I liked Dr. Kumar (Dr. Jay to Malik and me), the doctor who looked after me when I was pregnant with Niki—here in Shimla. I’d been the first to notice that he couldn’t take his eyes off Lakshmi, but she’d dismissed it; she merely considered the two of them to be good friends. And here he and my sister have been married now for ten years! He’s been good for her—better than her ex-husband was. He taught her to ride horses. In the beginning, she was scared to be high off the ground (secretly, I think she was afraid of losing control), but now she can’t imagine her life without her favorite gelding, Chandra.

So lost am I in memories of the sharp scents of Shimla’s pines, the fresh hay Chandra enjoys, the fragrance of lime aftershave and antiseptic coming off Dr. Jay’s coat, that I don’t hear Lakshmi’s question. She asks again. My sister knows how to exercise infinite patience—she had to do it often enough with those society ladies in Jaipur whose bodies she spent hours decorating with henna paste.

I look at the clock on my living room wall. “Well, in another hour, I’ll get the girls up and make their breakfast.” I move to the balcony windows to draw back the drapes. It’s overcast today, but a little warmer than yesterday. Down below, a moped winds its way among parked cars on our street. An older gentleman, keys jingling in his palm, unlocks his shop door a few feet from the entrance to our apartment building. “The girls and I may walk a ways before we get on the M├ętro.”

“Won’t the nanny be taking them to school?”

Turning from the window, I explain to Jiji that we had to let our nanny go quite suddenly and the task of taking my daughters to the International School has fallen to me.

“What happened?”

It’s a good thing Jiji can’t see the color rise in my cheeks. It’s embarrassing to admit that Shanti, my nine-year-old daughter, struck her nanny on the arm, and Yasmin did what she would have done to one of her children back in Algeria: she slapped Shanti. Even as I say it, I feel pinpricks of guilt stab the tender skin just under my belly button. What kind of mother raises a child who attacks others? Have I not taught her right from wrong? Is it because I’m neglecting her, preferring the comfort of work to raising a girl who is presenting challenges I’m not sure I can handle? Isn’t that what Pierre has been insinuating? I can almost hear him say, “This is what happens when a mother puts her work before family.” I put a hand on my forehead. Oh, why did he fire Yasmin before talking to me? I didn’t even have a chance to understand what transpired, and now my husband expects me to find a replacement. Why am I the one who must find the solution to a problem I didn’t cause?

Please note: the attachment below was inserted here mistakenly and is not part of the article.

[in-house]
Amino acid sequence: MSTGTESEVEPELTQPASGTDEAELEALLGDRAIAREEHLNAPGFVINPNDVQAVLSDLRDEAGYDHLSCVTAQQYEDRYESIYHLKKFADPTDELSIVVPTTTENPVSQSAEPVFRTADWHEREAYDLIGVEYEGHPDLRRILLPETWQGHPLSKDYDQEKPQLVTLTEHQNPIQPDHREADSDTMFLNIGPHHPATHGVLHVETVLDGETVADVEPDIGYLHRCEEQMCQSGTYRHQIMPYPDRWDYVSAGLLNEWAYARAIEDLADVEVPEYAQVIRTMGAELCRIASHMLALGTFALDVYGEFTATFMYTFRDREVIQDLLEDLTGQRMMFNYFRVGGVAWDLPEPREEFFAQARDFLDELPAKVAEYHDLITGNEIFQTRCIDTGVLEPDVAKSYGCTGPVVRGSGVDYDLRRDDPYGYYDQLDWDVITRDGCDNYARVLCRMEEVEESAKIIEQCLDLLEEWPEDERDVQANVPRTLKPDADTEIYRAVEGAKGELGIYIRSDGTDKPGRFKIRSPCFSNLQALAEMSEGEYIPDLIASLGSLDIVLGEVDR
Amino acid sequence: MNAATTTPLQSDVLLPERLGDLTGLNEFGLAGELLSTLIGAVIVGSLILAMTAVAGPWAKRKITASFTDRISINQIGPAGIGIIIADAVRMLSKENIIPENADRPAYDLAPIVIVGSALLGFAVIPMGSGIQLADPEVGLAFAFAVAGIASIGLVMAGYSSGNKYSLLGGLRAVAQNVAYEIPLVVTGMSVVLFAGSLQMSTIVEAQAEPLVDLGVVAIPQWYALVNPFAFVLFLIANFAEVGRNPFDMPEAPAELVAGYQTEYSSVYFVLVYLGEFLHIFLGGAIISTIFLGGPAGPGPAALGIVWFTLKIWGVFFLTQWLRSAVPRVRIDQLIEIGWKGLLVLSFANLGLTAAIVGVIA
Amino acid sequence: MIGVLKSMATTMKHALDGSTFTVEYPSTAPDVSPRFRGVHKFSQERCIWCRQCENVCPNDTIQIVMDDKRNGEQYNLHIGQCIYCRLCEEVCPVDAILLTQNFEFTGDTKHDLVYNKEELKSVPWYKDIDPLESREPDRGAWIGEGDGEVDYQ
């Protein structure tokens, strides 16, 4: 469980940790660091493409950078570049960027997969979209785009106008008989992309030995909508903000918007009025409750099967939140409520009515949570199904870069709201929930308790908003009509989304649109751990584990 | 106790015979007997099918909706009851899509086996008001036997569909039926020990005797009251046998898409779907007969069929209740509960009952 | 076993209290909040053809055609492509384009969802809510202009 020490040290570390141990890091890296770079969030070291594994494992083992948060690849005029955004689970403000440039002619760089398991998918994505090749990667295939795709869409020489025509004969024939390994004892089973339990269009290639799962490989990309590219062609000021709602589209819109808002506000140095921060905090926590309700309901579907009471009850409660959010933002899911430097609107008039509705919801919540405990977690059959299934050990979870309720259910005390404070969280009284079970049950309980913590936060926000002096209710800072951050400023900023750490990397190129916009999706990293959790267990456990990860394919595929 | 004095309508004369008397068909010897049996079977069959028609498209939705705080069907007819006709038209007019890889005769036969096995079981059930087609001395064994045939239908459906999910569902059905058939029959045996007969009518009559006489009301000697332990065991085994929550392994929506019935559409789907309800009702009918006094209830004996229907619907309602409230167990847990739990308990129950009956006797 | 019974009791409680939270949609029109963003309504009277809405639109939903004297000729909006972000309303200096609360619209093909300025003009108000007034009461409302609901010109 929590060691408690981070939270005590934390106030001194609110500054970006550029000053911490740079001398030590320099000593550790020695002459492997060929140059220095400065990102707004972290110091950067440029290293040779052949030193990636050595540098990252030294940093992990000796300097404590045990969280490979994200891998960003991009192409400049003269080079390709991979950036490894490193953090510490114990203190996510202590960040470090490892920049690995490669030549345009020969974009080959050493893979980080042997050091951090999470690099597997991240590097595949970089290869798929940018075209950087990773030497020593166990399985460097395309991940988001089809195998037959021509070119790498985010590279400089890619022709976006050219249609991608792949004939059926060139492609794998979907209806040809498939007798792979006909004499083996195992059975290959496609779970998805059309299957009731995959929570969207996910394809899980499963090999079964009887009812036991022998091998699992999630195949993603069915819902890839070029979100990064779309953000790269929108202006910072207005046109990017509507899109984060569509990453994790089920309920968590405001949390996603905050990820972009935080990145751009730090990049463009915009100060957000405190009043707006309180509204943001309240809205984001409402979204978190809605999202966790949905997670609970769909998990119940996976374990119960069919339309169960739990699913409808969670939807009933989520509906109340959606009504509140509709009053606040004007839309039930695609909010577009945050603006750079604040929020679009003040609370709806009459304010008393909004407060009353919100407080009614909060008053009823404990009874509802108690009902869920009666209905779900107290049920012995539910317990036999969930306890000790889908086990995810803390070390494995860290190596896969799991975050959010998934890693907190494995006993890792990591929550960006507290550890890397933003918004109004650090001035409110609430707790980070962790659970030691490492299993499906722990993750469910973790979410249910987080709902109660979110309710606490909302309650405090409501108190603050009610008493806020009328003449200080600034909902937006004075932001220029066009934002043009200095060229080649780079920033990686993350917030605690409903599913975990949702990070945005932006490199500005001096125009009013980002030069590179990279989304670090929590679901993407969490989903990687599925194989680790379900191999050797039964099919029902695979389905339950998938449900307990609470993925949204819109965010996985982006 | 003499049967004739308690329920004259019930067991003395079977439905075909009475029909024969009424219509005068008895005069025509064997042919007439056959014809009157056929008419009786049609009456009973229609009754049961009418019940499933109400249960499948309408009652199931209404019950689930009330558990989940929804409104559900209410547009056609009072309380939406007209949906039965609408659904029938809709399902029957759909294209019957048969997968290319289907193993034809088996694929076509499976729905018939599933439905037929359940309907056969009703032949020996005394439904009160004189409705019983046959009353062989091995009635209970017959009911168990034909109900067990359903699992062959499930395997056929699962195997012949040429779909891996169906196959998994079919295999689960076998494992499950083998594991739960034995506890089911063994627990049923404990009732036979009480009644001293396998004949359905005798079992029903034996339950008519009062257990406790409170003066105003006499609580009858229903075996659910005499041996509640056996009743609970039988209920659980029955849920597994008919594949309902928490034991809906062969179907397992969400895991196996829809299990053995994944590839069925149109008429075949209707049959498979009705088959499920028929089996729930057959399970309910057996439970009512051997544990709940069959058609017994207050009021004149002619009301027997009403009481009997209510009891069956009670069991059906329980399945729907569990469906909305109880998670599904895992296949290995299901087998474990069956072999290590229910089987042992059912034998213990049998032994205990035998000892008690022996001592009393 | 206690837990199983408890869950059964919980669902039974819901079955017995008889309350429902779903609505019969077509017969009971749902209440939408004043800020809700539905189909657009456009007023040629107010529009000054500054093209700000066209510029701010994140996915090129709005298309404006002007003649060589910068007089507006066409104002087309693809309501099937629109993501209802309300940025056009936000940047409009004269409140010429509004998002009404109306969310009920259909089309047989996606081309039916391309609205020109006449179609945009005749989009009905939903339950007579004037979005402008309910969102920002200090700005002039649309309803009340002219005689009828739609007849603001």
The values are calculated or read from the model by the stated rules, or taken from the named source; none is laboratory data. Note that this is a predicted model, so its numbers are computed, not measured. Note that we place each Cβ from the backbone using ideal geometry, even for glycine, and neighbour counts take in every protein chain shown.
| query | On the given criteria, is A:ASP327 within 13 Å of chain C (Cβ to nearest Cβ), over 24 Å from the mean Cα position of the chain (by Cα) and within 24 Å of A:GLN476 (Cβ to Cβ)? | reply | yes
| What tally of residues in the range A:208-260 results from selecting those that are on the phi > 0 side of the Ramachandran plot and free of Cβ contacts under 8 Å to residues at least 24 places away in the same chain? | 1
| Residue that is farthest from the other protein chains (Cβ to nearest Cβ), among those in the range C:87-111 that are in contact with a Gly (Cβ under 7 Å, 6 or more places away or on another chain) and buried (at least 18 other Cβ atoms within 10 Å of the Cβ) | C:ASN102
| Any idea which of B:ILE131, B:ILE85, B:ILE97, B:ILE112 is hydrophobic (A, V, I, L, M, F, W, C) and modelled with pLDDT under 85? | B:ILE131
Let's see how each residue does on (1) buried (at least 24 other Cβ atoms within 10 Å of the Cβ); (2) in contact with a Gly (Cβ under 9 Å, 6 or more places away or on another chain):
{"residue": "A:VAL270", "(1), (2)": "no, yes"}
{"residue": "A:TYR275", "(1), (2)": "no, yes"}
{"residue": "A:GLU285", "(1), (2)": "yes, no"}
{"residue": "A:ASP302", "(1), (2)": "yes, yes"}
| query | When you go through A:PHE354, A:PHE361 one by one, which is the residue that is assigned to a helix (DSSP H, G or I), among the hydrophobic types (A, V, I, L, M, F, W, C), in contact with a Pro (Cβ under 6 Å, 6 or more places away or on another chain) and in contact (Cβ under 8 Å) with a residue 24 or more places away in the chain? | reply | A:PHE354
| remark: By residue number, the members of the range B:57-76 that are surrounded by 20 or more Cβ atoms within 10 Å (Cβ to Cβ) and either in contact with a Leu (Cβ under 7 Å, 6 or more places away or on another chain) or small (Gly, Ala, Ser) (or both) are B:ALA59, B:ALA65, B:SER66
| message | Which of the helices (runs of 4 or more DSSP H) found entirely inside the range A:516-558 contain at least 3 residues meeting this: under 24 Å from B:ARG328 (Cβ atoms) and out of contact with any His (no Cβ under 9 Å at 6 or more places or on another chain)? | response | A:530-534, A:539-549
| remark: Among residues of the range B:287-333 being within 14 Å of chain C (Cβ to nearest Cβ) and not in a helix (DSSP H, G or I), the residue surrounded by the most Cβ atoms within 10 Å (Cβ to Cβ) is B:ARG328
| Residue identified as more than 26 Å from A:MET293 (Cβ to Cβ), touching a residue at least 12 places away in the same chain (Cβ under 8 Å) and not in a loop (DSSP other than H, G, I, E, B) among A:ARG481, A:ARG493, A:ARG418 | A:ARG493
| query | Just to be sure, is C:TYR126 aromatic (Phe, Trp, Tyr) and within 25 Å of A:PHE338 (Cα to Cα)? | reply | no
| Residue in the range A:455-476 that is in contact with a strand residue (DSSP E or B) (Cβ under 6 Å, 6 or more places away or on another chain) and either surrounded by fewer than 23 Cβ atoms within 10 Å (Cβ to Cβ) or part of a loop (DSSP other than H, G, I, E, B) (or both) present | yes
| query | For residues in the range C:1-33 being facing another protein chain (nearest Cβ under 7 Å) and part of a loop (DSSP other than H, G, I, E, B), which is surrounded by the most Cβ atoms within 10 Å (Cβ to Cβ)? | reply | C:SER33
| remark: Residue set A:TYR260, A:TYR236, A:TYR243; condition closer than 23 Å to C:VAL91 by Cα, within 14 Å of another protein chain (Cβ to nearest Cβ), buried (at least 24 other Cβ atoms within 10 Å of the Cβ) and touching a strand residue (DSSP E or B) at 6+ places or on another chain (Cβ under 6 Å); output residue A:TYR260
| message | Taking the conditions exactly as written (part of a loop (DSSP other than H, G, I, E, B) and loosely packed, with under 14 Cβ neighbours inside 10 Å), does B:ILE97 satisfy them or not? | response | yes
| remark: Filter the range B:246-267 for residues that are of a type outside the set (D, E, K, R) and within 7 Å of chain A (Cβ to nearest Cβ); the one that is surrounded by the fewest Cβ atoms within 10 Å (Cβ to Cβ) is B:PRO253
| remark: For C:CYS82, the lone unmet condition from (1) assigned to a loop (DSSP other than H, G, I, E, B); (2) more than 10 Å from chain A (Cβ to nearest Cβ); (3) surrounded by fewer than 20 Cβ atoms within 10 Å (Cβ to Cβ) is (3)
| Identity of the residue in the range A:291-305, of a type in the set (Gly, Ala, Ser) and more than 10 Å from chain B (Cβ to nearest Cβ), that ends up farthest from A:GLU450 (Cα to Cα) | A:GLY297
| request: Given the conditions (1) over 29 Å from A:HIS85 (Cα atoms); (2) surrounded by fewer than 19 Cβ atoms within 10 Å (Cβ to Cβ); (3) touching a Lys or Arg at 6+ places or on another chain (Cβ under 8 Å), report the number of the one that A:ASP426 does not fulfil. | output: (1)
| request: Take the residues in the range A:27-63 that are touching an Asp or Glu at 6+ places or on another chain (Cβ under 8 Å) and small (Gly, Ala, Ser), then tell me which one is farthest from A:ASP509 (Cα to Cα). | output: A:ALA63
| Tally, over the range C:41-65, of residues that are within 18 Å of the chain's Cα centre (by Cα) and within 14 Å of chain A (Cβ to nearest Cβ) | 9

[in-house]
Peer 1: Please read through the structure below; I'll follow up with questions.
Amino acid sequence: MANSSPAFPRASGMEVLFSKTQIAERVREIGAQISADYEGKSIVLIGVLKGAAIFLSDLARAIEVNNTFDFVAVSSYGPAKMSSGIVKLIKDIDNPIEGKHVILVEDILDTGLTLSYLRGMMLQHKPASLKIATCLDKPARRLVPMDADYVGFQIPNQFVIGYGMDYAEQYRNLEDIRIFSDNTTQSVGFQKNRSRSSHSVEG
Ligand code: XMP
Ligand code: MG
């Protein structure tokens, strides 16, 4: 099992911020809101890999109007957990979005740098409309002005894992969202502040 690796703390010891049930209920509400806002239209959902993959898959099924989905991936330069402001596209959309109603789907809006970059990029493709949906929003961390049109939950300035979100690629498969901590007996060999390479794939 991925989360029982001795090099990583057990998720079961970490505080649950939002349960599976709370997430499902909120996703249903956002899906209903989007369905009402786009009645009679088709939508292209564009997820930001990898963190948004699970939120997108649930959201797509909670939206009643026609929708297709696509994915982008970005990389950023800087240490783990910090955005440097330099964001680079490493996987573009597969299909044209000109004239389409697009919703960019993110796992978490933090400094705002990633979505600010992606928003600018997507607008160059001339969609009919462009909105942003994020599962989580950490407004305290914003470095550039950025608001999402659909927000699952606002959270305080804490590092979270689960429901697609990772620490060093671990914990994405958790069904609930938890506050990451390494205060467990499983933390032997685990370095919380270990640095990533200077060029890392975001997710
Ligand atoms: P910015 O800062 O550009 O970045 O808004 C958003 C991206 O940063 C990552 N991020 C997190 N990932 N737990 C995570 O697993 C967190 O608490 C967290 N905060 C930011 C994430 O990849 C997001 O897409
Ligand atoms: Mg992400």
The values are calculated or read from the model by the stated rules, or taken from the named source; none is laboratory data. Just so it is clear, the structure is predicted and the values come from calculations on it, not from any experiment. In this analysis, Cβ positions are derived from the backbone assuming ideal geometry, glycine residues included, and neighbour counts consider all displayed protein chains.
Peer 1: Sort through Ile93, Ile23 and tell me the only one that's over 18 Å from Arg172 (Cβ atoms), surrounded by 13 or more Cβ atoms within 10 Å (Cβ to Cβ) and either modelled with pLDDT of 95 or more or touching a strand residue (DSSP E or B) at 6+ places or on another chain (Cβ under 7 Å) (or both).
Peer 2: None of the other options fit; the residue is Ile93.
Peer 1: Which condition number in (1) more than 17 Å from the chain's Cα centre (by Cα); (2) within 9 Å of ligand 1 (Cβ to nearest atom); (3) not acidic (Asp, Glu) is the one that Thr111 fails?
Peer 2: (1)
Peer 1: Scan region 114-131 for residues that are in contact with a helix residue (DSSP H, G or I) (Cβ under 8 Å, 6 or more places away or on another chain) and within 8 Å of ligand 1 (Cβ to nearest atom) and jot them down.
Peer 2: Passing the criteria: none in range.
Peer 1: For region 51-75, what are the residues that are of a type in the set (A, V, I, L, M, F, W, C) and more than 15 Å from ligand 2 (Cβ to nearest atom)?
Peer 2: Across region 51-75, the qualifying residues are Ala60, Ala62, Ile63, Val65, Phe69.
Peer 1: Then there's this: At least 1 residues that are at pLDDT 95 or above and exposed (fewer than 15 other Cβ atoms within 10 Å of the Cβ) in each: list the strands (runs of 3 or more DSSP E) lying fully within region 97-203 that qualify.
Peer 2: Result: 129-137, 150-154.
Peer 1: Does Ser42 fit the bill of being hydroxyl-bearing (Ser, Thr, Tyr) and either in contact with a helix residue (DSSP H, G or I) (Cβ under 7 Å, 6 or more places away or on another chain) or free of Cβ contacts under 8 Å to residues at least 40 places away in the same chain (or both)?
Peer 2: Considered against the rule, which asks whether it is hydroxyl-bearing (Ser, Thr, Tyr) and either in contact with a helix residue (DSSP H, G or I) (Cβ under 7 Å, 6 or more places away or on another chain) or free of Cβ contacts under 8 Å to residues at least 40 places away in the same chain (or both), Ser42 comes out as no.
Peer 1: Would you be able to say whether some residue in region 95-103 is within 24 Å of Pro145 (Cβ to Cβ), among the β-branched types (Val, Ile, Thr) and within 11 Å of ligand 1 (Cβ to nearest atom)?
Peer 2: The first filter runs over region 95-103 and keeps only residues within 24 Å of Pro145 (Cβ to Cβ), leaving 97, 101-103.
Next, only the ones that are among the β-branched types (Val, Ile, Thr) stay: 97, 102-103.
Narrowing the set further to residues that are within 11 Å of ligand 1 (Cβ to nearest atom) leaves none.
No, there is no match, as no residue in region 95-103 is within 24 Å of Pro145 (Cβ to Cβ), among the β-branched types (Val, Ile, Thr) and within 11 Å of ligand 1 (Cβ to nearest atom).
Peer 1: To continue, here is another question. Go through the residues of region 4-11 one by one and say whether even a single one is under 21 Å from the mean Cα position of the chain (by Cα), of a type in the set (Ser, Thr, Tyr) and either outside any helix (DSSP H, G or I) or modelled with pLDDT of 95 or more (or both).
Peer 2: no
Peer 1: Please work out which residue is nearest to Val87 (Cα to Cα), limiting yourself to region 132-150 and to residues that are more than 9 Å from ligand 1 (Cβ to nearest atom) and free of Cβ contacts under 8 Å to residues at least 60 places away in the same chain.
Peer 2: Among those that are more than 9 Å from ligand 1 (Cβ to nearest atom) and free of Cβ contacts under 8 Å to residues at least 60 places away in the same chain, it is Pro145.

My sister asks how my work is going. This is safer ground. My discomfort gives way to excitement. “I’ve been working on a formula for Delphine that she thinks is going to be next season’s favorite fragrance. I’m on round three of the iteration. The way she just knows how to pull back on one ingredient and add barely a drop of another to make the fragrance a success is remarkable, Jiji.”

I can talk forever about fragrances. When I’m mixing a formula, hours can pass before I stop to look around, stretch my neck or step outside the lab for a glass of water and a chat with Celeste, Delphine’s secretary. It’s Celeste who often reminds me that it’s time for me to pick up the girls from school when I’m between nannies. And when I do have someone to look after the girls, Celeste casually asks what I’m serving for dinner, reminding me that I need to stop work and get home in time to feed them. On the days Pierre cooks, I’m only too happy to stay an extra hour before finishing work for the day. It’s peaceful in the lab. And quiet. And the scents—honey and clove and vetiver and jasmine and cedar and myrrh and gardenia and musk—are such comforting companions. They ask nothing of me except the freedom to envelop another world with their essence. My sister understands. She told me once that when she skated a reed dipped in henna paste across the palm, thigh or belly of a client to draw a Turkish fig or a boteh leaf or a sleeping baby, everything fell away—time, responsibilities, worries.